Lambert was married during his secret mission, which continued until 1988.

The highly secretive operation to monitor and disrupt political activists, which has been running for four decades, has come under mounting scrutiny since last year following revelations over the activities of Mark Kennedy, the undercover police officer who went rogue after burying himself deep in the environmental movement for seven years.

Police chiefs and prosecutors have set up 12 inquiries over the past year to examine allegations of misconduct involving police spies, but all of them have been held behind closed doors. There have been continuing calls, including from the former director of public prosecutions Ken Macdonald, for a proper public inquiry.

The second case involves an undercover policeman who was sent to spy on activists some years ago. He had a short-lived relationship with a political activist which produced a child.

He concealed his real identity from the activist and child as he was under strict orders to keep secret his undercover work from her and the other activists in the group he infiltrated. He then disappeared, apparently after his superiors ended his deployment. Afterwards, she remained under surveillance as she continued to be politically active, while he carried on with his police career.

The Guardian understands that as he had access to the official monitoring reports, he regularly read details of her life with a close interest. He watched as she grew older and brought up their child as a single parent, according to an individual who is aware of the details of the case.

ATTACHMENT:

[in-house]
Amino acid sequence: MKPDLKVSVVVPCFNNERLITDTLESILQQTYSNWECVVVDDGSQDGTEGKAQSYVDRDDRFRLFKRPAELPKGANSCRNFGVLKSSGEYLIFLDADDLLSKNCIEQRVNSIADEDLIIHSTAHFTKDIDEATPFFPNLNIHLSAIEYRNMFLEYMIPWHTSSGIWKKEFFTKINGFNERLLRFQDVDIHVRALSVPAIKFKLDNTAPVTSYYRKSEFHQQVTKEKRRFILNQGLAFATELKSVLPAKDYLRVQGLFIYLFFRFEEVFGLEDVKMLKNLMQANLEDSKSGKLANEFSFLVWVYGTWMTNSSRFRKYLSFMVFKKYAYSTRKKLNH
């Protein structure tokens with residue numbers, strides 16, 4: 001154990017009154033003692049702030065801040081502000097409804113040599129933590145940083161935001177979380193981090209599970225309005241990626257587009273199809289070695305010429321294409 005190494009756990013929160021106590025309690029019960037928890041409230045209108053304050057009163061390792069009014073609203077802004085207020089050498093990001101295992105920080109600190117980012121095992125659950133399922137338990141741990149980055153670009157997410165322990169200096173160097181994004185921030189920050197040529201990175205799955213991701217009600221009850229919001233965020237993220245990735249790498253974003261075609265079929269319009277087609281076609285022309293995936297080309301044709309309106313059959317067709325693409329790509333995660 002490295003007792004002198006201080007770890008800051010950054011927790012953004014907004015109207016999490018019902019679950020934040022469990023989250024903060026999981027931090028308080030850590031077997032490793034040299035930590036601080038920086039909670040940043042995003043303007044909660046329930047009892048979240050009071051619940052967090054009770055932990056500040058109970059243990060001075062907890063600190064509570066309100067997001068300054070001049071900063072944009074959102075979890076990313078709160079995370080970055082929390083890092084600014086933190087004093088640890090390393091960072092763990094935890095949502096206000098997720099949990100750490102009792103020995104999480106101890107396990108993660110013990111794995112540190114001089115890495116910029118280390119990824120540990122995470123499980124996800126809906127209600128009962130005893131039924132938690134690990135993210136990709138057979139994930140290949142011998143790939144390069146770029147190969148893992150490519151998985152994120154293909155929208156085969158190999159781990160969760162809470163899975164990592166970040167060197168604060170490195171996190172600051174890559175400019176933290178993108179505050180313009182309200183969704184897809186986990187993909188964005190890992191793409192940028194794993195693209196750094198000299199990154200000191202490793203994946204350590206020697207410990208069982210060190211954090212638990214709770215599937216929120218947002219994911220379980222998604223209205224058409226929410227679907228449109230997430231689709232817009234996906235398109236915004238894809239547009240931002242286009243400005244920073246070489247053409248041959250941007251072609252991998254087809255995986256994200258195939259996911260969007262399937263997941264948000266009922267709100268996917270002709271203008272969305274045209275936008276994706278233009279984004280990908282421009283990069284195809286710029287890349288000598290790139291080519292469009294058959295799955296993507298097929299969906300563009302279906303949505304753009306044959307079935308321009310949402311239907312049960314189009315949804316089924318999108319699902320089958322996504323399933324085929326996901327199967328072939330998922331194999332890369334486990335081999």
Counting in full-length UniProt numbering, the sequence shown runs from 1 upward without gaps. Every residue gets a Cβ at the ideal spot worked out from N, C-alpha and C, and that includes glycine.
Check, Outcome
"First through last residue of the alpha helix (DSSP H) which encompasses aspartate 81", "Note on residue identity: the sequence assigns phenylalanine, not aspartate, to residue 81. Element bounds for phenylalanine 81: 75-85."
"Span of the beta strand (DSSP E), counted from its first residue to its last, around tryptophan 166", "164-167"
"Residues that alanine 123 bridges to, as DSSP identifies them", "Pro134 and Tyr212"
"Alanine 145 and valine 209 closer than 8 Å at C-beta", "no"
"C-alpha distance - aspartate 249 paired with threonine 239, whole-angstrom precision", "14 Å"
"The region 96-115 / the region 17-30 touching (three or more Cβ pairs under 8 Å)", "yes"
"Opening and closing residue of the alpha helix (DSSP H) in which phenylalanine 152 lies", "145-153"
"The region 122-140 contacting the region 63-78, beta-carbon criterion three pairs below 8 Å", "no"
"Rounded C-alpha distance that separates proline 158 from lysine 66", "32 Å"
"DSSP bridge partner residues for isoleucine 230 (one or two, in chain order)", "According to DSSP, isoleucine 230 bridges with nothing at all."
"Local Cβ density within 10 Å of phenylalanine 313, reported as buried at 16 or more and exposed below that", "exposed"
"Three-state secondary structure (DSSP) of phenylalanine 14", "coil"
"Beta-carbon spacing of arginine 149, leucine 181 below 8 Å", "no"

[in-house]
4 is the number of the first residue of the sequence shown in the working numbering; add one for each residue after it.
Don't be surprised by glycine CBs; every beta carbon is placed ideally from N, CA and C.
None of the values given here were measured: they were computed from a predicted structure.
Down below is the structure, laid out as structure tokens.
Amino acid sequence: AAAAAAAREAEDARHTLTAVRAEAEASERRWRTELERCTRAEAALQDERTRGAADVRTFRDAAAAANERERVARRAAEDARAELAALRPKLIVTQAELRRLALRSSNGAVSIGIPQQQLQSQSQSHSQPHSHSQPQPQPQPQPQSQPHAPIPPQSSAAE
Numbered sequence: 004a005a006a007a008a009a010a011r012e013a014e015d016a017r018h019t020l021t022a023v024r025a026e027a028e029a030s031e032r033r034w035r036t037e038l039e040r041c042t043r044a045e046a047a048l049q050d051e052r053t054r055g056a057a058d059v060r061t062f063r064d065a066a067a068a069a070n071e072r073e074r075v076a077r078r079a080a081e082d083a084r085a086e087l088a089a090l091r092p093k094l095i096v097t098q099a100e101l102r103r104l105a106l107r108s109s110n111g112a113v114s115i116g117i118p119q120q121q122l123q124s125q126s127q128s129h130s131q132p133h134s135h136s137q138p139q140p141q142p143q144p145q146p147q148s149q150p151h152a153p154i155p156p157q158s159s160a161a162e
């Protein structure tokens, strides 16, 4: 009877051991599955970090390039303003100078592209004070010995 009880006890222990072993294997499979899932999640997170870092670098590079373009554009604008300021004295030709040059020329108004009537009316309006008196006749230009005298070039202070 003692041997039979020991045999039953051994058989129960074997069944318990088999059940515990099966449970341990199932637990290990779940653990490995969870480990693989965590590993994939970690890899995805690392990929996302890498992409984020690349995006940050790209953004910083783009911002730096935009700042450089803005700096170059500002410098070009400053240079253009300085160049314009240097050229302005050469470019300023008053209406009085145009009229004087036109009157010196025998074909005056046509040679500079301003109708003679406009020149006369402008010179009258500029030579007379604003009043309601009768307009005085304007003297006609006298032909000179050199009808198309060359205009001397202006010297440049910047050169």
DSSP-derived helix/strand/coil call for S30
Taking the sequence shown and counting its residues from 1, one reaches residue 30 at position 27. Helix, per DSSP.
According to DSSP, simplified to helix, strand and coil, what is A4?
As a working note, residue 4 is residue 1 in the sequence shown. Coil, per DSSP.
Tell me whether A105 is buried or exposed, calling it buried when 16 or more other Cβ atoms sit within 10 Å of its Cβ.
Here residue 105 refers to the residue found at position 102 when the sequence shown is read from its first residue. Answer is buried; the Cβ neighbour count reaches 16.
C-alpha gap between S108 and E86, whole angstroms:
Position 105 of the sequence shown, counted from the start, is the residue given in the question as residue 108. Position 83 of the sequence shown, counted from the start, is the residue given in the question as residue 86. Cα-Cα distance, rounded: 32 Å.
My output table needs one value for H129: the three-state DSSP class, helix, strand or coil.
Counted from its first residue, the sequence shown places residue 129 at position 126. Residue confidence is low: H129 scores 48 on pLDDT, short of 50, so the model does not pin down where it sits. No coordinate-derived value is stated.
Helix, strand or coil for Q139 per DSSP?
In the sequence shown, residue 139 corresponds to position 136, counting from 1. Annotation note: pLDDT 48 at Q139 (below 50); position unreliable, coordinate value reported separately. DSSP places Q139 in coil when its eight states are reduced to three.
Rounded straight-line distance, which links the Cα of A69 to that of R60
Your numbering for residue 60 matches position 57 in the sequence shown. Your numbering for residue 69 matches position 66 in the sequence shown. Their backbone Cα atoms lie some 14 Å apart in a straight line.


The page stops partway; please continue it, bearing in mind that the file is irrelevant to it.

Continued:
The policeman has been "haunted" by the experience of having no contact with the child, whom he thought about regularly, according to the individual.
http://www.guardian.co.uk/uk/2012/jan/2 ... -activists
 

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So that's what they mean when they describe a spy as a 'deep penetration agent'....
 

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Should be more on this later.

High Court refers Sean Garland case to DPP
http://www.rte.ie/news/2012/0127/garlands.html
Updated: 13:19, Friday, 27 January 2012

Court refused to extradite Sean Garland to the US

The High Court is to refer the case of Sean Garland to the Director of Public Prosecutions to consider whether the 76-year-old is to be prosecuted in Ireland.
On Wednesday, the court refused to extradite Mr Garland to the US to face charges in connection with a counterfeiting operation.
US authorities allege that the former Workers' Party president was involved in the production of high-quality counterfeit US dollars, carried out in collusion with the government of North Korea.

Mr Justice John Edwards decided that the offence for which the US wanted to extradite Mr Garland is regarded as having been committed in Ireland and therefore the court is prohibited from extraditing the 76-year-old.